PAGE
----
So this would be a federally funded plan that allows states to opt out if they so choose. That means we’re going to see the blue states adopt it and the red states reject it, plain and simple…even though the red states usually have the highest number of uninsured and underinsured folks.This is the first I have seen of serious consideration being given to the States, where decisions like this really belong. There is also a long way to go to try and find the balance between mandating coverage and how to consequence those who refuse. Finally, a commenter on the article paints and interesting picture as well:
Personally, I’m not a fan of a federally run system. I’d rather have the federal government give states seed money to build their own public co-ops and have the states figure it out themselves.
I also think it’s unclear whether or not Reid can get the 60 votes he needs to avoid passing this thing via reconciliation.
However, putting all that aside…let’s remember the most important part of health care reform…Also expected are new rules on insurers to prevent them from denying coverage to people with pre-existing health conditions and from dropping customers’ insurance once they become ill.Yes, the plan is bound to have flaws since politics is the art of the possible, not the ideal. But if we can outlaw the pre-existing conditions clauses and lifetime coverage caps, that will go a long way towards delivering the type of health care we all deserve.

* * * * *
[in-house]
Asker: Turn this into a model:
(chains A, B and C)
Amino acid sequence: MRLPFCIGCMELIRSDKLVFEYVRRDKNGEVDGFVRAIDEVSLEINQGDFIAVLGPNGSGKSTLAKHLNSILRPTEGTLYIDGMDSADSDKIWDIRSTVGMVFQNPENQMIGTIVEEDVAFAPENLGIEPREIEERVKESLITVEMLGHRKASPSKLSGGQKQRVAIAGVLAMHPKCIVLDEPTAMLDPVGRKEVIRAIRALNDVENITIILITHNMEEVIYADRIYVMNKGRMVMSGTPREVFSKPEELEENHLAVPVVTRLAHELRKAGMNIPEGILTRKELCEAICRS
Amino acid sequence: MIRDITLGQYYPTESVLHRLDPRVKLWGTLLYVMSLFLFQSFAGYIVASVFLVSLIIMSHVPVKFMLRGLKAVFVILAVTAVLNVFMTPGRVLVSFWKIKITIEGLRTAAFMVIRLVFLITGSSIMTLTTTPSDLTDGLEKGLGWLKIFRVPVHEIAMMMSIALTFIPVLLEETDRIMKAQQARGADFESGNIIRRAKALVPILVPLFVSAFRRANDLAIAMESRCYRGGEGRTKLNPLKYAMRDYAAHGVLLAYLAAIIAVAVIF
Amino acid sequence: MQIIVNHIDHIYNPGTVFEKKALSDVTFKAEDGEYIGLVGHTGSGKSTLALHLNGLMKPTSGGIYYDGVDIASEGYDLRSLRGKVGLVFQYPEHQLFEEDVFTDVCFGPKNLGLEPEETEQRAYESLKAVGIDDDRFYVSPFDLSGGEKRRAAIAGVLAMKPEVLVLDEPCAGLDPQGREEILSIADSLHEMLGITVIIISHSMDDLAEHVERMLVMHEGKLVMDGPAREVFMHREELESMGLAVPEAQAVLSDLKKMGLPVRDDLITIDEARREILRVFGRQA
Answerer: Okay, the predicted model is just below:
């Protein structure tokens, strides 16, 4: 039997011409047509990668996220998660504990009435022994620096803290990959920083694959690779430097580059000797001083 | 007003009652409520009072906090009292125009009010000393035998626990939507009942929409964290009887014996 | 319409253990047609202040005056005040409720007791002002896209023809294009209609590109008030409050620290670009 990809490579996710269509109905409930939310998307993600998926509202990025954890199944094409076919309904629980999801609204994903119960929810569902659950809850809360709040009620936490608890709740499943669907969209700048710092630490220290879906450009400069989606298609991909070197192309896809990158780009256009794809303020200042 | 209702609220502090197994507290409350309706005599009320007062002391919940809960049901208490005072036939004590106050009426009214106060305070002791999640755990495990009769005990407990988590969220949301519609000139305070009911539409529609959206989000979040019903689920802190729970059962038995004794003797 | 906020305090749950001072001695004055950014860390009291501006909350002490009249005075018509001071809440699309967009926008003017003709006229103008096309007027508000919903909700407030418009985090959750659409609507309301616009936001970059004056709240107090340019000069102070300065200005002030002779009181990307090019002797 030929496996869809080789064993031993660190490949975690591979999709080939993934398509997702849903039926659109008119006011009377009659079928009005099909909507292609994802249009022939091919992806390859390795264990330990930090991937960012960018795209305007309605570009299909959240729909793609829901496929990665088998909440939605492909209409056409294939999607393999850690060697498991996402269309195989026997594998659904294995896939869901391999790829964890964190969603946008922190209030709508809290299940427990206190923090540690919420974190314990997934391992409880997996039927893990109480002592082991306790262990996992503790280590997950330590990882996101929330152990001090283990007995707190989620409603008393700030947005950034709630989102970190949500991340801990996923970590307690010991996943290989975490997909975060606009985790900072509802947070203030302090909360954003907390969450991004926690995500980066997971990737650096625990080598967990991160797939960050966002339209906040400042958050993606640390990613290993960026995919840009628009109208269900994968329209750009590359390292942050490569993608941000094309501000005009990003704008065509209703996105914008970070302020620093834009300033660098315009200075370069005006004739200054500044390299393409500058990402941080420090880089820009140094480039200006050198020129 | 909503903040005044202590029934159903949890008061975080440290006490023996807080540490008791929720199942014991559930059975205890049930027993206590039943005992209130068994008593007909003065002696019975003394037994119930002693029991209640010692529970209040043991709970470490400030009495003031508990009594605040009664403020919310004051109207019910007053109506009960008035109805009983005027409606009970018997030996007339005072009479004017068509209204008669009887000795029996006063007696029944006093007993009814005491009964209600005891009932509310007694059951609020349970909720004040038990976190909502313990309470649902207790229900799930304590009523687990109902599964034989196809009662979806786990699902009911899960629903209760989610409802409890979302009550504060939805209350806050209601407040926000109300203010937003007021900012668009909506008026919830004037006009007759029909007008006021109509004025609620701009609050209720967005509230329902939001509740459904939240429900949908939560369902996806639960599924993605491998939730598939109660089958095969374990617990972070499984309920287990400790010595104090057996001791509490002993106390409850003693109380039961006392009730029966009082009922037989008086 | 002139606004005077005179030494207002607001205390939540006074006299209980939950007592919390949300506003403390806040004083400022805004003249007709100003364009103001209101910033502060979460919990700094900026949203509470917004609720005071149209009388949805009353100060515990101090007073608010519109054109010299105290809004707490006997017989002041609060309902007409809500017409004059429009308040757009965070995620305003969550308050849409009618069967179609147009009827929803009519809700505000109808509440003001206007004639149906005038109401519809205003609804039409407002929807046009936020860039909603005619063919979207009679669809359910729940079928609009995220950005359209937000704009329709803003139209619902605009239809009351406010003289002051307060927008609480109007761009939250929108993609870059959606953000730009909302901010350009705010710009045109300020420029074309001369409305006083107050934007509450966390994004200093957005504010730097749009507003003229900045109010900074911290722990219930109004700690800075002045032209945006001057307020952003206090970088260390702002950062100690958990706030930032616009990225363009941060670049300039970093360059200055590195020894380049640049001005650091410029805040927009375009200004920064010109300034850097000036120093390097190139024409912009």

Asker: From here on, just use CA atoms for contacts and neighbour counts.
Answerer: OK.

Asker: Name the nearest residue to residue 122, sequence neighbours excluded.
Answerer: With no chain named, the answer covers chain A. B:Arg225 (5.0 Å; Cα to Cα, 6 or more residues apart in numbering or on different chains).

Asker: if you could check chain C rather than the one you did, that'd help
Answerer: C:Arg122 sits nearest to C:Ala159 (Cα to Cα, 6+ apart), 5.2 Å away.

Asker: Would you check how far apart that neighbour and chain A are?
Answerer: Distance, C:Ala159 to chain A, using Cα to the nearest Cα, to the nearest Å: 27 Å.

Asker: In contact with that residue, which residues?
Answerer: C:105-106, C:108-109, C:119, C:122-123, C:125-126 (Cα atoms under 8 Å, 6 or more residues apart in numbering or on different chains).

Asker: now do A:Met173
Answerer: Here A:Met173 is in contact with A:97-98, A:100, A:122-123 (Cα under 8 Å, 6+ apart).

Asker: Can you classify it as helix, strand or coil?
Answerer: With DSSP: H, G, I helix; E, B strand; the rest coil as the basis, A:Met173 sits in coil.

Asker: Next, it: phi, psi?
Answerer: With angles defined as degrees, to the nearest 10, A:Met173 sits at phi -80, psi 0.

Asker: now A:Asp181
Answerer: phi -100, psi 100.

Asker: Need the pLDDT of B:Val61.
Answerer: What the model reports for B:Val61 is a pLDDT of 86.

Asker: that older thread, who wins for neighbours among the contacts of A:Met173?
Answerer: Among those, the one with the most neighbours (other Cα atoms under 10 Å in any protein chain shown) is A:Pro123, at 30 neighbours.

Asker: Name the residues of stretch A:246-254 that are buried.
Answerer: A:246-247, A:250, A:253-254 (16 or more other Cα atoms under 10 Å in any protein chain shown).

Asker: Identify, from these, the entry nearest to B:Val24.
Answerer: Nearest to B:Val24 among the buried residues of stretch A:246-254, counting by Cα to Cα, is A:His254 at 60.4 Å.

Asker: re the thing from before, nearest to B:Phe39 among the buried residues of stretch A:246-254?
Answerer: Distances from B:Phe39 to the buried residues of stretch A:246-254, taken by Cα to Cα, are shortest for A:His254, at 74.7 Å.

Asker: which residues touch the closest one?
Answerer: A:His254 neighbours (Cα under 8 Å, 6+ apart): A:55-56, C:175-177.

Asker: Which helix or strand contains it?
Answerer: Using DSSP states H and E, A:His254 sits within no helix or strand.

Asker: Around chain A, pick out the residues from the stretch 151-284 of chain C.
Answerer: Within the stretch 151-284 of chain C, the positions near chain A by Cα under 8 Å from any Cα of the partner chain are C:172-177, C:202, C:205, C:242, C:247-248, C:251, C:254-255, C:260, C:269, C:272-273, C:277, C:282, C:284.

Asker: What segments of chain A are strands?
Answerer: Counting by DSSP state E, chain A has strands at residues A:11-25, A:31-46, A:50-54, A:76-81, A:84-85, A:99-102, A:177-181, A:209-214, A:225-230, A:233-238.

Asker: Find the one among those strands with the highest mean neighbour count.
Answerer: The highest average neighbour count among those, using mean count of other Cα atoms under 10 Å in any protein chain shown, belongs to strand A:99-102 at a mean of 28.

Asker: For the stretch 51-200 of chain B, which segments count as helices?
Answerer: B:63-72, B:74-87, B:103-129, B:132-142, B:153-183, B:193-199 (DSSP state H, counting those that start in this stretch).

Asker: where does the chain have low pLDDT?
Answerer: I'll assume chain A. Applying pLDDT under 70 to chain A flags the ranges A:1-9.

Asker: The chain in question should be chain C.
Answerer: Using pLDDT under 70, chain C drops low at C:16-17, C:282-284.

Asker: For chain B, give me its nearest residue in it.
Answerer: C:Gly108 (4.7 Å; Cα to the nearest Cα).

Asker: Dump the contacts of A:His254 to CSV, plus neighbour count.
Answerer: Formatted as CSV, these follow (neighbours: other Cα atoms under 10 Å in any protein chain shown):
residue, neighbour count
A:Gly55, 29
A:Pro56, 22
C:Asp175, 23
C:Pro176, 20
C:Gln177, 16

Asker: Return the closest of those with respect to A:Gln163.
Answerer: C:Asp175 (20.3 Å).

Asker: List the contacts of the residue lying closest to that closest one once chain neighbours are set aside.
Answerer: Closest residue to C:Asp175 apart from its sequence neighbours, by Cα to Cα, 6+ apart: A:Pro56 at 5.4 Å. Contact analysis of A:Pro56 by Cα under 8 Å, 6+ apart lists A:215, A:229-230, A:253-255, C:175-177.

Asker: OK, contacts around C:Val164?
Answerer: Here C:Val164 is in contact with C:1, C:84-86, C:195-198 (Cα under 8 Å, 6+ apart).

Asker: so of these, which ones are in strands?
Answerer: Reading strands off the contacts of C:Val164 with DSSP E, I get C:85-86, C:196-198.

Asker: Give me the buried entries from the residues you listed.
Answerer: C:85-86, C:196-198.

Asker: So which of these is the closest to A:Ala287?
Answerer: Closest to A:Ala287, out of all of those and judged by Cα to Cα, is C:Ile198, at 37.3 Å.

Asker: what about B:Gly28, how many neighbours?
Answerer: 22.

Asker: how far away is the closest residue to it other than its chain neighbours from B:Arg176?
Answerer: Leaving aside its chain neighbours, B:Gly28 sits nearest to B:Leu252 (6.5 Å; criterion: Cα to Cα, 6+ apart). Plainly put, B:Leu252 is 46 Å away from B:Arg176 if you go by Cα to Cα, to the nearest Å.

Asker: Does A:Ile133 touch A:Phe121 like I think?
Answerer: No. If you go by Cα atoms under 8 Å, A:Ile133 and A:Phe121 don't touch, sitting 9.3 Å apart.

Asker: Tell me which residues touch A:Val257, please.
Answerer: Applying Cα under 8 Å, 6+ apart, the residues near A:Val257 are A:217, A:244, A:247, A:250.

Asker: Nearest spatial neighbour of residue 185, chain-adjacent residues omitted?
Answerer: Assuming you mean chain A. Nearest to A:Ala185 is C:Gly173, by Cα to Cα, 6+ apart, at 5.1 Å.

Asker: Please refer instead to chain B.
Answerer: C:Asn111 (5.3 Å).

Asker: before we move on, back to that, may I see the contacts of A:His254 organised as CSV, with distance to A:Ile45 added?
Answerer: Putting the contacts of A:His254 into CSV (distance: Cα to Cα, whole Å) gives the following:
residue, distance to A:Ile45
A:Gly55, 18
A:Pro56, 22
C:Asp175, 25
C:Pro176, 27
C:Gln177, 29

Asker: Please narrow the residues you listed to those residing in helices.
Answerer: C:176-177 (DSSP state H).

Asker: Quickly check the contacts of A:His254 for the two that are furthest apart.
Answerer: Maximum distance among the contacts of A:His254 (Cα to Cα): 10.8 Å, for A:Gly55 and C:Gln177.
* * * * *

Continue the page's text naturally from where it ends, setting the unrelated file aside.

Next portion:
I’m not sure when we got the idea that “health insurance” should pay for everything. I tried to use my auto insurance policy to pay for my tune up last week, and the evil insurance company wouldn’t pay! I tried to use my homeowner’s insurance to pay for my electric bill, and the immoral insurance company denied the claim!Now it was pointed out that companies are not required to buy any insurance at this point, so to think they would all of a sudden take a penalty hit, regardless of the size, when they are voluntarily providing coverage now, is somewhat flawed. But the final point is quite valid, how will the Constitution be interpreted regarding the mandating of coverage?
Insurance is used to cover rare events; only in health care do we think that an insurance policy can cover every cost, every time.
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A company penalty of $500 or $750 per employee not covered will ensure that many companies bail out of providing health insurance, as the typical family policy is thousands of dollars more (and companies pay, on average, 80% of the insurance cost). The penalty for a company will have to be on the order of $6 to $7,000. The penalties for individuals will have to be closer to that amount to force people to buy insurance (even if they don’t need it).
The real test will be if the Constitution allows the feds to compel individuals to buy health insurance. The Congress may have to pass an amendment to facilitate it.